The Faculty


Neural coding and the neural basis of perception


1996-2003 Research Assistant, Department of Psychology, University of North Carolina.
2003-2006 Postdoctoral Fellow, Krieger Mind/Brain Institute, Johns Hopkins University.
2006-2009 Associate Research Scientist, Krieger Mind/Brain Institute, Johns Hopkins University.
2009-Assistant Professor, Department of Organismal Biology and Anatomy, University of Chicago.


2002 Baughman Dissertation Research Award for innovative dissertation projects

Research Interests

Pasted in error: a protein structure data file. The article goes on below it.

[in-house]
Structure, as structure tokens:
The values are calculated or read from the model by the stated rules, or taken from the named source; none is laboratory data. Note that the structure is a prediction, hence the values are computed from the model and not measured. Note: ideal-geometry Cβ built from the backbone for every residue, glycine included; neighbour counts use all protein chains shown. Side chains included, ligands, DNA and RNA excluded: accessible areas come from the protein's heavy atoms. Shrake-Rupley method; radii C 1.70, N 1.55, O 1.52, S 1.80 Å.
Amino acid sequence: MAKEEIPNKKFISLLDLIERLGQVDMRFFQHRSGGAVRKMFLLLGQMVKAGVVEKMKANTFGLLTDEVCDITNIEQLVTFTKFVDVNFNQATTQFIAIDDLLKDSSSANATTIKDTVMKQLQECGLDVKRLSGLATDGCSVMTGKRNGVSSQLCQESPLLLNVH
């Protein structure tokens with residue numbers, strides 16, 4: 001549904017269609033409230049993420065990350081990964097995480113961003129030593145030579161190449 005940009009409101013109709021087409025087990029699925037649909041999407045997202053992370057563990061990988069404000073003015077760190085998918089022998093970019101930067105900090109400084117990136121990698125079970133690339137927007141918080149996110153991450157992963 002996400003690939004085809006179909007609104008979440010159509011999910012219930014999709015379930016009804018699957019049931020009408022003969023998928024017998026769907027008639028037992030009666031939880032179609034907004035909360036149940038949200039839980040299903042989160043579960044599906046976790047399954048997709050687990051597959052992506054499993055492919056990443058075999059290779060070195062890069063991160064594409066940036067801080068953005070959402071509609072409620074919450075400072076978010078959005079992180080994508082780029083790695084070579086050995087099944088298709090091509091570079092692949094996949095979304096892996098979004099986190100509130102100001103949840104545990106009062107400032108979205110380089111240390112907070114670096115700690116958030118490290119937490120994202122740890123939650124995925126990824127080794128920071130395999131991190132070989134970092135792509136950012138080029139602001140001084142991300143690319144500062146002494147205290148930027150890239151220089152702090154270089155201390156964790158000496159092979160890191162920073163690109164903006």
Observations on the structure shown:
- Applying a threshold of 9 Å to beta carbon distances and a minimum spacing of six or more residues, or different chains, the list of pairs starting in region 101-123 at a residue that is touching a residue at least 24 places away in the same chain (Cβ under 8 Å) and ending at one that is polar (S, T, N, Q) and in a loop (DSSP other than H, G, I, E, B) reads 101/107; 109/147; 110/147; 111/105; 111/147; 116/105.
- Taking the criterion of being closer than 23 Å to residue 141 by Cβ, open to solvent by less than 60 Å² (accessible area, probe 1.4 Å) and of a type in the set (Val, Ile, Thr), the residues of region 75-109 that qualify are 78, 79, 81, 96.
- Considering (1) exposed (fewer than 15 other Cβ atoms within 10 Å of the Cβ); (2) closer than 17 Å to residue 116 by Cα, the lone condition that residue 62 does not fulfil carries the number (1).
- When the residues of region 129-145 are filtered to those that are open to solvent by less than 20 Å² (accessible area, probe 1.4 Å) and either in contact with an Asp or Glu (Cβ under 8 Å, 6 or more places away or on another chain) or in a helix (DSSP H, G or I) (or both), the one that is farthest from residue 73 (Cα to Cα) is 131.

Tactile sensation is critical for effective object manipulation, but current prosthetic upper limbs make no provision for delivering haptic feedback to the user. For individuals who require use of prosthetic limbs, this lack of feedback transforms a mundane task into one that requires herculean concentration and effort. Although vibrotactile motors and sensory substitution devices can be used to convey gross sensations, a direct neural interface is required to provide detailed and intuitive sensory feedback. In view of this, the new generation of neuroprostheses will enable electrical stimulation of somatosensory neurons in the peripheral nervous system.  My research background makes me uniquely qualified to address this problem. First, I have published a number of papers in which I characterize how a variety of sensory dimensions are encoded in the responses of neurons in primary somatosensory cortex of primates. Specifically, I have investigated how neurons in the brain encode the shape of an object grasped in the hand and its motion across the skin. I am currently working on how surface texture is represented in the brain. Second, I have published a number of studies in which I characterize the response properties of mechanoreceptive afferents and describe quantitatively how information about various sensory dimensions is conveyed in the responses of populations of afferents. For instance, I have revealed the peripheral neural code for contact force, of critical importance to understanding how this dimension is represented in the brain. Third, I have developed, over the last decade, the state-of-the-art in models of mechanotransduction, with which I can predict with millisecond accuracy the responses of mechanoreceptive afferents to arbitrarily complex spatio-temporal stimuli impinging upon the skin, models that far surpass any other available models, both in the accuracy of their predictions and in their versatility; I have also shown how these models can be used to convey verisimilar percepts through electrical stimulation of the peripheral nerve. Again, understanding how sensory information is represented in the nerve will inform how it is represented in the brain, and ultimately, how to mimic the native neural representations. Fourth, I have been involved with Revolutionizing Prosthetics (Phases 2 and 3), a research program run out of the Johns Hopkins Applied Physics laboratory and funded by the Defense Advanced Research Projects Agency, for which I have been investigating methods to convey sensory information through microstimulation of the somatosensory cortex. The behavioral assays used in my cortical microstimulation studies can readily be applied to test approaches to conveying feedback across a variety of conditions.